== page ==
The Moviemaking Magic of Star Wars–Ships and battles take center stage in new Star Wars guide

Review by C.J. Bunce

The “Moviemaking Magic/Cinemagic” series from Abrams Books is my current favorite book format for genre tie-in non-fiction works.  Check out my reviews of the volume on the Marvel Studios Heroes and Villains here, and the first volume on Star Wars, The Moviemaking Magic of Star Wars: Creatures and Aliens, here.  The format is interactive, featuring several series of foldout photographs that allow the reader to see the changes in design over time, like ships from concept to realized model.  And these books allow for hundreds of photographs and how-to film production process accounts and interviews, arranged in an easy to reference chronology.  With the latest film in theaters, Star Wars: The Rise of Skywalker, Abrams has published the next look behind the scenes at the production process, The Moviemaking Magic of Star Wars: Ships and Battles, the most comprehensive account of the 11-film franchise’s models, sculptures, concept artwork, and their creators since Sculpting a Galaxy was released in 2005 when we only had six films available (you can see my review of that book here).

The book is targeted at a younger audience, but Star Wars fans of any age will appreciate the detail and information they may not have read about before, including notes from George Lucas from the first idea for the film, his treatment for The Star Wars, to Colin Cantwell and Joe Johnston′s concept drawings, all the way through the two “Star Wars story” movies Rogue One and Solo, and all nine Skywalker saga films, including a preview page of concept art from The Rise of Skywalker.  The original trilogy gets the biggest share of the coverage, including the full run of major ships, how they were developed, and what method was used to get them on the big screen, but the 21st century films and the prequels also get significant sections.  Readers will follow the development of filmmaking methods old and new: full-sized sets and vehicles like the landspeeder and X-wing fighter, scale models (both small and large scale), kitbashing, matte painting, and CGI.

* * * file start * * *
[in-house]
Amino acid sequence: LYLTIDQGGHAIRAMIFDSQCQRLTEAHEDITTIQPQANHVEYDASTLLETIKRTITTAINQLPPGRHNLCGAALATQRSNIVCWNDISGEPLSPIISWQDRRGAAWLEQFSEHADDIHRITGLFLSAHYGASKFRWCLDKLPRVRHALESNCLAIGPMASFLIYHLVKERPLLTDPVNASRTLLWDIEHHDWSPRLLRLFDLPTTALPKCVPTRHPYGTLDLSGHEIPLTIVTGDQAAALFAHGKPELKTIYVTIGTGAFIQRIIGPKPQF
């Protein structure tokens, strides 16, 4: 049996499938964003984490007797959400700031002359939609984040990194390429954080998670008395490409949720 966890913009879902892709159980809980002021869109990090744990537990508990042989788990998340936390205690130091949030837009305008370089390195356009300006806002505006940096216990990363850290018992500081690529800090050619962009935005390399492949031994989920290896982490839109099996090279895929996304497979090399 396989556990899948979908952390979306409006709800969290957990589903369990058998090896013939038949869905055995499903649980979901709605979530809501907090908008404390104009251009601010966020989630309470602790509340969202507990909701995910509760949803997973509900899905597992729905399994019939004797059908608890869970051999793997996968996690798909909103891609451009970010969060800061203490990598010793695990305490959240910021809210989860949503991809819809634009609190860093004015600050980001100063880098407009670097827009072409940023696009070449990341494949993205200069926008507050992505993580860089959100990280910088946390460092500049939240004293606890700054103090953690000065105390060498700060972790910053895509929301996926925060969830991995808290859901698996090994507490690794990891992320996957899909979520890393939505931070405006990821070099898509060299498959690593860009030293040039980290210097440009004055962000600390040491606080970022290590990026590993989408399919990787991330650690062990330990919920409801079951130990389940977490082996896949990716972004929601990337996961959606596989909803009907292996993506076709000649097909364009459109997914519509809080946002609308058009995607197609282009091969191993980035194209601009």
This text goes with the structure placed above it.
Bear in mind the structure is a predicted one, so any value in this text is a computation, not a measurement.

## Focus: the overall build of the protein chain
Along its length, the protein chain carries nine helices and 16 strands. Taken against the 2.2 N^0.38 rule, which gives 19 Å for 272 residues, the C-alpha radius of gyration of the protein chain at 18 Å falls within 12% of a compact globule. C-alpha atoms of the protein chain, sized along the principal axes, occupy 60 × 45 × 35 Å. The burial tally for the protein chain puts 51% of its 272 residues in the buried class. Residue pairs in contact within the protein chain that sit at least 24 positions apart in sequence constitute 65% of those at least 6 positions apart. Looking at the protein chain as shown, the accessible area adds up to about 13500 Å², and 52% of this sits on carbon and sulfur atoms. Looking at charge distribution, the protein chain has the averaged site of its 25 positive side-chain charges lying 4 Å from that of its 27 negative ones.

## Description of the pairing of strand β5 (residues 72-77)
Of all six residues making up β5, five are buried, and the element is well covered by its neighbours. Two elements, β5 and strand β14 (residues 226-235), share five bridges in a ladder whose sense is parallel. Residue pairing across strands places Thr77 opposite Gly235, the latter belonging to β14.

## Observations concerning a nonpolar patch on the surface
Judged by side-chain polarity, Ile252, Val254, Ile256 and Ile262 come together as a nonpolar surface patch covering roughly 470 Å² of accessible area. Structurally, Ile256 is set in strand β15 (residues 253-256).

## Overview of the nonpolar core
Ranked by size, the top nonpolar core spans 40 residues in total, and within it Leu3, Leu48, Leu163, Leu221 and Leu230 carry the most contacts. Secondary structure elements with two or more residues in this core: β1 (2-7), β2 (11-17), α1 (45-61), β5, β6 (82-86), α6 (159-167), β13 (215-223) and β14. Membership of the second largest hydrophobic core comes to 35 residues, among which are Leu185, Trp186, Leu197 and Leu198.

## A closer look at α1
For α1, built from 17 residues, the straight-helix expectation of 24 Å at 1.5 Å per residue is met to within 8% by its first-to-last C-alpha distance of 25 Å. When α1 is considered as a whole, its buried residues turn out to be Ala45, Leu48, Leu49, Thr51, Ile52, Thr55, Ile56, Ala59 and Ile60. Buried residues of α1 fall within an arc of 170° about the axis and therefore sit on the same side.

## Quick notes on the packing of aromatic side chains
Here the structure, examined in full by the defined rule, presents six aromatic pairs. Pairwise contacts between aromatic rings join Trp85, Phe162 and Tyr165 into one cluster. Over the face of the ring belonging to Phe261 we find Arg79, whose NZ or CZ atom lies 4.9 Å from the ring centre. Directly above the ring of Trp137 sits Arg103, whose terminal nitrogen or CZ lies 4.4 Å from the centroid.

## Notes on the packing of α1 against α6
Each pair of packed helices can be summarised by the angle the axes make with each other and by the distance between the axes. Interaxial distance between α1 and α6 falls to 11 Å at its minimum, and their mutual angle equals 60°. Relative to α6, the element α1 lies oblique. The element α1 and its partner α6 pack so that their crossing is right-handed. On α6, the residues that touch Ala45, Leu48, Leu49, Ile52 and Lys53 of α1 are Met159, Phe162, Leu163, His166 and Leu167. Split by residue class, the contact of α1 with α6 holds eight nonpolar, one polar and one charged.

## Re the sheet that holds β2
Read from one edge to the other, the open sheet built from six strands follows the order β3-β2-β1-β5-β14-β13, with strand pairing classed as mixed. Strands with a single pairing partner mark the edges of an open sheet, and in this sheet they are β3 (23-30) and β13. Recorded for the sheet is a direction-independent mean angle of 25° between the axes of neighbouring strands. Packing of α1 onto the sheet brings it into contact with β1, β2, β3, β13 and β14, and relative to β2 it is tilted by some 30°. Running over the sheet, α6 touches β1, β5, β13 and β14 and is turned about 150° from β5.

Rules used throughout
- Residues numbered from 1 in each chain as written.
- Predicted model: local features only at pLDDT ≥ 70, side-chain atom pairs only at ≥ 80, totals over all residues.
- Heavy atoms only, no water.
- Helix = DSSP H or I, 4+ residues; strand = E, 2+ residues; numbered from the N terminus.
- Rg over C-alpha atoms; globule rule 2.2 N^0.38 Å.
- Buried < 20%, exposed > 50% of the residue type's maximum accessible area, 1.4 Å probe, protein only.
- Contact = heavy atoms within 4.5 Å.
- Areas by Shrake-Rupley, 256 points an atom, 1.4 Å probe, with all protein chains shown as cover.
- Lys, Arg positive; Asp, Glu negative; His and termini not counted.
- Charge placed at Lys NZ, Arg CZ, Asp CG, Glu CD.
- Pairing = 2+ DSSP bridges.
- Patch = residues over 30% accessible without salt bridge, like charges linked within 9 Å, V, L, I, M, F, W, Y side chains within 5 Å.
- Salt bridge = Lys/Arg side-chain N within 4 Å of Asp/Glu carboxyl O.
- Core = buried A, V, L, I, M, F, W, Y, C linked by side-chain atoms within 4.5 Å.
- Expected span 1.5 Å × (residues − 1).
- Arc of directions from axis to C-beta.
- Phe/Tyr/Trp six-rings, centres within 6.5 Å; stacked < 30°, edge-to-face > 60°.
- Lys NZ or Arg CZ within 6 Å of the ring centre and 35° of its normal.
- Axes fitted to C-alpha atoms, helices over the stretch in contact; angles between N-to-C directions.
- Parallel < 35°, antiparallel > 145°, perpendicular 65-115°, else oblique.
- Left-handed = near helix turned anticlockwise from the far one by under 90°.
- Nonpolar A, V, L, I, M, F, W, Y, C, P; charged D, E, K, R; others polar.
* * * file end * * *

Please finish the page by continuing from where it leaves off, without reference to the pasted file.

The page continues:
Fans of the Millennium Falcon specifically will not want to miss this book.  They can track the development of the many models and designs used across the original trilogy, which had to be resurrected for the final trilogy with a side trip to an early, modified version of the ship for Solo: A Star Wars Story.  Coverage includes concept art, unused designs, and photos of the pocket-sized models through the multiple full-sized, walk-on creations. The various Death Star space stations and Star Destroyers get similar handling in the book.

The key battles and how the production teams created the looks for those major plot elements include Yavin, Hoth, Endor, Naboo, Geonosis, Coruscant, Starkiller Base, Scarif, Crait, and the Maw (the battles in the current film are not included to avoid audience spoilers).  Readers will also find a feature on the Dykstraflex camera, developed by John Dykstra for the original trilogy to film the saga’s most memorable sequences.

These previews from the publisher illustrate how some of the interactive elements of the book work:

Written by Landry Walker, The Moviemaking Magic of Star Wars: Ships and Battles is the next must-read for fans of the original movies, the prequels, the new trilogy, the story films, or all of the above.  It’s recommended for fans of all ages, featuring filmmaking technology for beginners, and concepts from the professionals that long-time fans will appreciate.  It’s available now here at Amazon.

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